Police Throng In Boston
April 21, 2014 - A record number of athletes are gathering under a crystalline sky and unprecedented security precautions for the 118th running of the Boston Marathon this morning.
“We’re comfortable,” said State Police Colonel Timothy Alben. “We think we’ve got the bases covered here today. We’re very confident about the safety. It’s going to be a great day.”
The start line in the quaint town of Hopkinton is flanked by hundreds of local, state and military police.
Event staff, which includes both retired U.S. Marshals and Secret Service agents, tell the Herald this is the first time in the marathon’s history that public access to Hopkinton Common has been restricted by a maze-like series of white metal gates that keep spectators walled off from the runners and the starting line.
Streets in and out of this village of less than 15,000 residents closed at 7 a.m., nearly two hours before the start of the 26.2-mile race - a feat of endurance this year not just for the record field of 36,000 runners and the law enforcement committed to protect them, but the survivors of last year’s deadly terrorist attack at the finish line in Copley Square.
The first race participants — the mobility impaired, hand cycle and wheelchair racers — arrived just before 7:30 at the starting line in vans escorted by dozens of state police motorcycle officers, and began racing at 8:50 a.m. The elite women racers started running at 9:32, led by Marblehead’s own Shalane Flanagan, and the elite men will start 10:25. Tens of thousands of others will start running in waves at 10:25, 11 and 11:25.
Gov. Deval Patrick officially kicked off the marathon by counting down the start for the mobile-impaired athletes.
“We’re back,” Patrick, wearing a Red Sox cap bearing the Boston Strong slogan, told reporters after the race began. “This will be the biggest block party we have and I think a really happy one,” He said organizers and police are prepared for today’s massive race, as the eyes of the world turn to Boston.
“We have prepared. We have done, I think, just about everything possible that can be done to be prepared to strike that balance ... between having adequate security, and indeed stepped-up security, but keeping the family feel of the day,” Patrick said. “And I think we’ve struck that balance.”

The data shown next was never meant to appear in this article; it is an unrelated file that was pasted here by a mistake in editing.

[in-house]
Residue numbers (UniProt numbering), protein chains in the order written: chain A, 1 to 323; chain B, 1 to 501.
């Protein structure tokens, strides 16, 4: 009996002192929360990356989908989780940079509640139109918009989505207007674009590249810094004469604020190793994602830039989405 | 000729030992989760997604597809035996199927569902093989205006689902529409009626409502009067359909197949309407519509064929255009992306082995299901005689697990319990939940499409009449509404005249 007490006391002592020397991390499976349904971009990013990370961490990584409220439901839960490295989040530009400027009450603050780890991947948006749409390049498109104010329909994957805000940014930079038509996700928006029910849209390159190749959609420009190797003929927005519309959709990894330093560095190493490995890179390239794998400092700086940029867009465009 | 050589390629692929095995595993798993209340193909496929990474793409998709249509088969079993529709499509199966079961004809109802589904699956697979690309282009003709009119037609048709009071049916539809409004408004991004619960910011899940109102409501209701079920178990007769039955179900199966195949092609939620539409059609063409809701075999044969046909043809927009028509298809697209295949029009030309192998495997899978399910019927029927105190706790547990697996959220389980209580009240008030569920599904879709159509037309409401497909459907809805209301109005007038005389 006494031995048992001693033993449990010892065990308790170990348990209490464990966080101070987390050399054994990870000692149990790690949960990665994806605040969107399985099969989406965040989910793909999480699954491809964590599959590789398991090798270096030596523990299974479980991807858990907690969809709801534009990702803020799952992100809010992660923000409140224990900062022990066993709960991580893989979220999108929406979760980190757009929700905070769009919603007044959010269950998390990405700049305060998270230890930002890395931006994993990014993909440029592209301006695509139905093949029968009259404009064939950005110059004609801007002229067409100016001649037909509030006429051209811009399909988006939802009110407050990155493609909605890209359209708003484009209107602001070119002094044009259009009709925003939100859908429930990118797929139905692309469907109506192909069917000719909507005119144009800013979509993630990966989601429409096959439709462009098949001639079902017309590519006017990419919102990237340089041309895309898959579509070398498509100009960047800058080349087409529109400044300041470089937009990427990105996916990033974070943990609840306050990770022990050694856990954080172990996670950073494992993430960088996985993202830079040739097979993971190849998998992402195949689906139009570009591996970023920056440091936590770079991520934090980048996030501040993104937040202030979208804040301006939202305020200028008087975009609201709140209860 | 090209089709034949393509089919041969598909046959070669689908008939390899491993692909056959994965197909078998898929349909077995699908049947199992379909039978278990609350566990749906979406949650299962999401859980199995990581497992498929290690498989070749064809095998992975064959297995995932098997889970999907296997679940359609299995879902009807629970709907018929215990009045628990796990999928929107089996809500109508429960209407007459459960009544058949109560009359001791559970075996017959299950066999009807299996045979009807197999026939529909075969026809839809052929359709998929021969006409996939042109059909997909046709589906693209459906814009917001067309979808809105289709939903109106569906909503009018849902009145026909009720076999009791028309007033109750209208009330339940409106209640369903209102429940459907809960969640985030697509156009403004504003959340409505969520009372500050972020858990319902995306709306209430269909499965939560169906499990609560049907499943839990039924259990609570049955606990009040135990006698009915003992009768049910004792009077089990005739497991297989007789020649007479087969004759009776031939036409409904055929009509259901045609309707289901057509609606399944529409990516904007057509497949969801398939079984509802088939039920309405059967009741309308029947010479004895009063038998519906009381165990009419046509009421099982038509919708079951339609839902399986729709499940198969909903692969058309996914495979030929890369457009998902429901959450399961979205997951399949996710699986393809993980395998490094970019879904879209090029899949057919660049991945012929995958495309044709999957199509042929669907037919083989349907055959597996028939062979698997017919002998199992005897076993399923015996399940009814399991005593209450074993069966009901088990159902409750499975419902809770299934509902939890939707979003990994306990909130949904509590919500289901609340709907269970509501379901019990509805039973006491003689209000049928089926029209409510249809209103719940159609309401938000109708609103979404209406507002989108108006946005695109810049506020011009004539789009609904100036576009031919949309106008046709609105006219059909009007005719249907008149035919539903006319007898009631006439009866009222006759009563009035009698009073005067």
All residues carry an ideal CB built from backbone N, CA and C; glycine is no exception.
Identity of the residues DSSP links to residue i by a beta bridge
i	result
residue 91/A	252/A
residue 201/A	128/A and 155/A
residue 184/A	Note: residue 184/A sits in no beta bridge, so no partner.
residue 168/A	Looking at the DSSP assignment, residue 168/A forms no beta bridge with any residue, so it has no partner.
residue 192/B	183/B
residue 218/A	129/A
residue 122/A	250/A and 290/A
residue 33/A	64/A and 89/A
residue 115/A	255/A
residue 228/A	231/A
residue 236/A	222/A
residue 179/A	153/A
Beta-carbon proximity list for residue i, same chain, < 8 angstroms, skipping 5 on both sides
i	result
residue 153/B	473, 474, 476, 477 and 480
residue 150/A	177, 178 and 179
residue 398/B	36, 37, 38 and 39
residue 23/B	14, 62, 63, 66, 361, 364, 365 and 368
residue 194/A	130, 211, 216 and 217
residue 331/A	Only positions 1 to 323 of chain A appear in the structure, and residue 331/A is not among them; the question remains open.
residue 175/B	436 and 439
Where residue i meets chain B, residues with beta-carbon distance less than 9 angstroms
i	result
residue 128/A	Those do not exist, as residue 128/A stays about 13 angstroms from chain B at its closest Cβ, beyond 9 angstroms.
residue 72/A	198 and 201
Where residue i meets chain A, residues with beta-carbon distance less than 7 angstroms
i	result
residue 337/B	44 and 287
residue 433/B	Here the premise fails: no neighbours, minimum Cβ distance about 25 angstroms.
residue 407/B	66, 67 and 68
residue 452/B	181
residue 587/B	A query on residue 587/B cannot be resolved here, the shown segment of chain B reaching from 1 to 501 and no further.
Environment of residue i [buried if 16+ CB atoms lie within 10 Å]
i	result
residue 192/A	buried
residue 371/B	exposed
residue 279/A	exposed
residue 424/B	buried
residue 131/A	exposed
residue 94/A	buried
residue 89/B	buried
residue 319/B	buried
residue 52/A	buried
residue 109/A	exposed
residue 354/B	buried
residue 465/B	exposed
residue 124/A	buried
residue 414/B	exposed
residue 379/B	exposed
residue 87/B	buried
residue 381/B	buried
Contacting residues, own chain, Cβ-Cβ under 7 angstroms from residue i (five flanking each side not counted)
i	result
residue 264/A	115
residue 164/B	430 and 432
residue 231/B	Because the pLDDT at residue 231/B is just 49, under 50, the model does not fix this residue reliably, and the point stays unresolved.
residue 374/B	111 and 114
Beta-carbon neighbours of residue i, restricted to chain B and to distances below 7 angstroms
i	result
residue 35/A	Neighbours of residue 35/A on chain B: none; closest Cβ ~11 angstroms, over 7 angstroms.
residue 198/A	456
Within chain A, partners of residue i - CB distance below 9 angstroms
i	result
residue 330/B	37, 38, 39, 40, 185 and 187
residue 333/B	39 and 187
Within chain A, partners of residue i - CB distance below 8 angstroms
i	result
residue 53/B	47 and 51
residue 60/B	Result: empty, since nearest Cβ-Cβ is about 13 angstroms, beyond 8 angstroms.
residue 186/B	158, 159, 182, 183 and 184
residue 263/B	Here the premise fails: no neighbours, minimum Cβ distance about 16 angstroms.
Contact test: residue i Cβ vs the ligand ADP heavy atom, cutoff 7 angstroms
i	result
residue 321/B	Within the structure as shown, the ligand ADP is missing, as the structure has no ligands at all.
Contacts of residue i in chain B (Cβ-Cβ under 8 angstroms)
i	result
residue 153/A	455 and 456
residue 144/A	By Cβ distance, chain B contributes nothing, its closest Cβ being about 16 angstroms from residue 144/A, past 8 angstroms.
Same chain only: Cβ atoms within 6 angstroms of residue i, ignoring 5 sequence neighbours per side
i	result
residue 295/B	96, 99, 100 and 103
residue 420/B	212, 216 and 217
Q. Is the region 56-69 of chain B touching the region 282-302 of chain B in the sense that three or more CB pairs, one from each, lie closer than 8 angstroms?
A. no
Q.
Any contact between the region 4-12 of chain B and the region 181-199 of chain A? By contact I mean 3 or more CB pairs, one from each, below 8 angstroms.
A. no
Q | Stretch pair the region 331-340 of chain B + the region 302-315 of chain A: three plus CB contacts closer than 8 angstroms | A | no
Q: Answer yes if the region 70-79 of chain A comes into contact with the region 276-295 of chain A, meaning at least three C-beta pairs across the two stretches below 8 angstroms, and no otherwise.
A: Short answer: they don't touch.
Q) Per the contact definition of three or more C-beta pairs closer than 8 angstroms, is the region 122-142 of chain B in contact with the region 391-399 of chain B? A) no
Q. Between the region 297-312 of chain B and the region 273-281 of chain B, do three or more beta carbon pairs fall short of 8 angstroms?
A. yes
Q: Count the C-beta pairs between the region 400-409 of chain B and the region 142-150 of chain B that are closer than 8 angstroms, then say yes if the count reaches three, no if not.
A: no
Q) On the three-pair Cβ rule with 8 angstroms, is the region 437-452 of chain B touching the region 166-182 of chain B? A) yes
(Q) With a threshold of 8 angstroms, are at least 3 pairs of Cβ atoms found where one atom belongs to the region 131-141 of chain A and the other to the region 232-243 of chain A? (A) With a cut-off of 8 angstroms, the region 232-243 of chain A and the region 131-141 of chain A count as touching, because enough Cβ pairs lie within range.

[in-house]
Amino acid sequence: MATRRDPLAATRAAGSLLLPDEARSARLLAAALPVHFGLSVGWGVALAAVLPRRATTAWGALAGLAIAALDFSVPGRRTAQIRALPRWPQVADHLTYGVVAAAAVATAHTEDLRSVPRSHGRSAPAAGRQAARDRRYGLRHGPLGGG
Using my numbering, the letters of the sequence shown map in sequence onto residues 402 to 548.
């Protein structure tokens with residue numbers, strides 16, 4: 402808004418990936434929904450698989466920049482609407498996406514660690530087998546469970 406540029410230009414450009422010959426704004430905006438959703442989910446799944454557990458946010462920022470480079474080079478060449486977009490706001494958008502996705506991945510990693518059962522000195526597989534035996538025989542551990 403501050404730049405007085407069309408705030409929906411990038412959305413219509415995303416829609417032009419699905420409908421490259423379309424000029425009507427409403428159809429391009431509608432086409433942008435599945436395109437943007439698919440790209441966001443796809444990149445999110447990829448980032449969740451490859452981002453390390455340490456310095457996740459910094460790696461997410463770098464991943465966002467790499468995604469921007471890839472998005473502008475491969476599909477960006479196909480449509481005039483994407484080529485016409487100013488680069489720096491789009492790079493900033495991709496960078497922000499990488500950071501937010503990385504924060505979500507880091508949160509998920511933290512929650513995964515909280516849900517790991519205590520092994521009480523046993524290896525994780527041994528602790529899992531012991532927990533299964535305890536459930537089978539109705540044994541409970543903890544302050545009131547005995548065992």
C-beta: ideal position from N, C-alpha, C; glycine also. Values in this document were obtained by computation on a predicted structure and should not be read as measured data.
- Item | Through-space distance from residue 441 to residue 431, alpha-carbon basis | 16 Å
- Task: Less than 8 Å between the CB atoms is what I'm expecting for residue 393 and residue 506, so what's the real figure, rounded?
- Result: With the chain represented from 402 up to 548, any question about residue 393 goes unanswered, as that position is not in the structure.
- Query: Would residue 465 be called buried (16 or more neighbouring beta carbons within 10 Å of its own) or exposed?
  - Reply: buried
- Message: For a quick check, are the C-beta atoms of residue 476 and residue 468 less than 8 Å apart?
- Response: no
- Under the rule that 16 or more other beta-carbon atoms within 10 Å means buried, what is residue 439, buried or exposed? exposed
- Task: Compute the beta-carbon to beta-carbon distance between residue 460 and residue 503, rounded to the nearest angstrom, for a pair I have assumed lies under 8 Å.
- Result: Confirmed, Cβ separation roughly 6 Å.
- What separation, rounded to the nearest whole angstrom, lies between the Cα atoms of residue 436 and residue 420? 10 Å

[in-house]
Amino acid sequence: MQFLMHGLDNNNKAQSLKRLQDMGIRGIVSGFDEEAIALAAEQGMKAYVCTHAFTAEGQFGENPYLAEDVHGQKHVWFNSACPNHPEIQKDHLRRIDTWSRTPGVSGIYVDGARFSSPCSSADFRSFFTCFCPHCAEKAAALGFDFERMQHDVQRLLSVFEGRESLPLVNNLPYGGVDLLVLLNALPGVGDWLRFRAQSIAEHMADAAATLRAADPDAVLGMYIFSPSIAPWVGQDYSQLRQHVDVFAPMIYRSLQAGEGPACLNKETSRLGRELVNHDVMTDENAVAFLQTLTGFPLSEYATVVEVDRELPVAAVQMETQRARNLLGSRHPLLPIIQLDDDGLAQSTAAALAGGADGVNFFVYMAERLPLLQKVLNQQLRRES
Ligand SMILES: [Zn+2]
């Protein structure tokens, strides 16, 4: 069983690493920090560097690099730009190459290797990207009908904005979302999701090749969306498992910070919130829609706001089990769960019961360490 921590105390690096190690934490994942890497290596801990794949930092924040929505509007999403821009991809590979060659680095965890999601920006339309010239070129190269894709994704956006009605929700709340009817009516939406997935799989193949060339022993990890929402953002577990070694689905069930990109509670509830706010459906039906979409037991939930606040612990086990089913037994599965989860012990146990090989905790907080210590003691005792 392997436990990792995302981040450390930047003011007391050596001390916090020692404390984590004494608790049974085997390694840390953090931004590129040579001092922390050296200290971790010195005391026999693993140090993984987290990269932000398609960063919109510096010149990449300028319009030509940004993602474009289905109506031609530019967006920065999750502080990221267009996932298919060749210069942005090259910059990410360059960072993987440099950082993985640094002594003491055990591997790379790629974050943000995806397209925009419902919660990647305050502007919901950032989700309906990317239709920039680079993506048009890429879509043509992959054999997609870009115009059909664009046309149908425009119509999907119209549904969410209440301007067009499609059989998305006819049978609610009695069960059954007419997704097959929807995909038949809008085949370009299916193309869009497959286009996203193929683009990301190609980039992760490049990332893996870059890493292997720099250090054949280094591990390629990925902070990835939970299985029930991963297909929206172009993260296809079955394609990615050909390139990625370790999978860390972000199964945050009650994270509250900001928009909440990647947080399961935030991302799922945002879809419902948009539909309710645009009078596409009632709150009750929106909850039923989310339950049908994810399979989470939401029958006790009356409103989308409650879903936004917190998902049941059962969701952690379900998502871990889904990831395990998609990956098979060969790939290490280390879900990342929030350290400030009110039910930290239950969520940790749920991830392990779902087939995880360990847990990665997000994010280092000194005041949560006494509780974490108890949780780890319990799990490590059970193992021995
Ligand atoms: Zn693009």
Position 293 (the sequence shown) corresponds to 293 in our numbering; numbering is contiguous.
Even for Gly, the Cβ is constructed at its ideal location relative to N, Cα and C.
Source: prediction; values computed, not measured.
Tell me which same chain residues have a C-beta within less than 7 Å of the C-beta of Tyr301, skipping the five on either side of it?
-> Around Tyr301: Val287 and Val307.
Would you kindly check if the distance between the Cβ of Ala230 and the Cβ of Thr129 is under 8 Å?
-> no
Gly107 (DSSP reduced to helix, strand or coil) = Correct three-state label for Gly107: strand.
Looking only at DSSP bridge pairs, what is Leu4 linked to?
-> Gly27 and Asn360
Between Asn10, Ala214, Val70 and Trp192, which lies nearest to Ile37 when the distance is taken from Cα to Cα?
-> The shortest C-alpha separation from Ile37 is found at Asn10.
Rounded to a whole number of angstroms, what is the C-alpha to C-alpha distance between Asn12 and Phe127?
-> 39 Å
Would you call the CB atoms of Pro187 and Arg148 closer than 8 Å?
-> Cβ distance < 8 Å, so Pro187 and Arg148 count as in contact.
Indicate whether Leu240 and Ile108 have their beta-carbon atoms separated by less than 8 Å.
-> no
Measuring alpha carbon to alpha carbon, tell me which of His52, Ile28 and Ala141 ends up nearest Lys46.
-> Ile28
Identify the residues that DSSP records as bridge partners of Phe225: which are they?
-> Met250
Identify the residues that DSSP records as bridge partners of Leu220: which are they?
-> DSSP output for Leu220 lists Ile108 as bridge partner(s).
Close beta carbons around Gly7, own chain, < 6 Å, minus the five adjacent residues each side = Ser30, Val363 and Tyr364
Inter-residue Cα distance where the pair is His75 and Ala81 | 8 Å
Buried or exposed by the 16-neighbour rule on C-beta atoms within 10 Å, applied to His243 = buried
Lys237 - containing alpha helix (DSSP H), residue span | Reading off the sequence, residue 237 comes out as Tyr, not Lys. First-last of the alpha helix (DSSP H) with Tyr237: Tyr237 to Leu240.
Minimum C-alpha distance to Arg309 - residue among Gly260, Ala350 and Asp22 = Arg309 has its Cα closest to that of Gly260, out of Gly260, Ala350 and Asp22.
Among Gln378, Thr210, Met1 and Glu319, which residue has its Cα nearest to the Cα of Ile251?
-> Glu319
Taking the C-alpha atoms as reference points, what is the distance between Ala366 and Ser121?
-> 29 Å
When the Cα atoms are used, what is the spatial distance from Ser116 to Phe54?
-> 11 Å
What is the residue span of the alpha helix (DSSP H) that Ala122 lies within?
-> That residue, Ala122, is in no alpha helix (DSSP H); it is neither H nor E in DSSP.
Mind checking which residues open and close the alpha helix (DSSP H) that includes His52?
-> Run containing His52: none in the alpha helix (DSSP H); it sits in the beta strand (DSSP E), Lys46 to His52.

The day is full of emotions, Patrick said, recalling a conversation he had this morning with a woman who was injured by the blasts as she cheered on the runners as a spectator last year.
“She was herself hurt,” Patrick said. “She wanted to run today to acknowledge her own healing. And just before we set off the runners, she burst into tears. And I think there are going to be a lot of experiences and emotions like that today.”
Among the marathoners this year is Thomas Feller, 35 of Sterling, who is running in his second Boston Marathon in a full “Patriot’s Day” costume made of wool and tweed.
Last year, he was cheering runners on near the finish line when the explosions occurred.
He said today that he’ll carry two mini American Flags while he runs “to show my respect for the victims.”
Runner Karen Blagg, 41 of Westford, said she finished last year’s marathon five minutes before the finish-line explosions. She was in the medical tent because she “was hurting” after the grueling race, and had just been congratulated by her husband and three children when chaos ensued.
This year, she said, the run is special.
“It’s not about me, it’s about all these people who were hurt last year,”Blagg said. “To see all these people come out today ... It’s empowering. We’re going to take back the day and not let those horrible people determine the decisions we make.”
Near the finish line this morning, hours before the first runners were to arrive, some spectators began lining Boylston Street.
“We wanted to beat the crowds,” said Andria Rossi, 54, of North Attleboro, who stood outside Old South Church with her son, David. “We’ve never come to the finish.”
Rossi came prepared with a clear plastic purse. Security is tight along the course, especially at the finish line. Police have been clearing people off Boylston Street to do routine sweeps, using bomb-sniffing dogs.
Rossi said the police presence made her feel safe. This race, she said “is in honor of the people that got hurt and the people that passed. It’s just really, really special.”
Story from bostonherald.com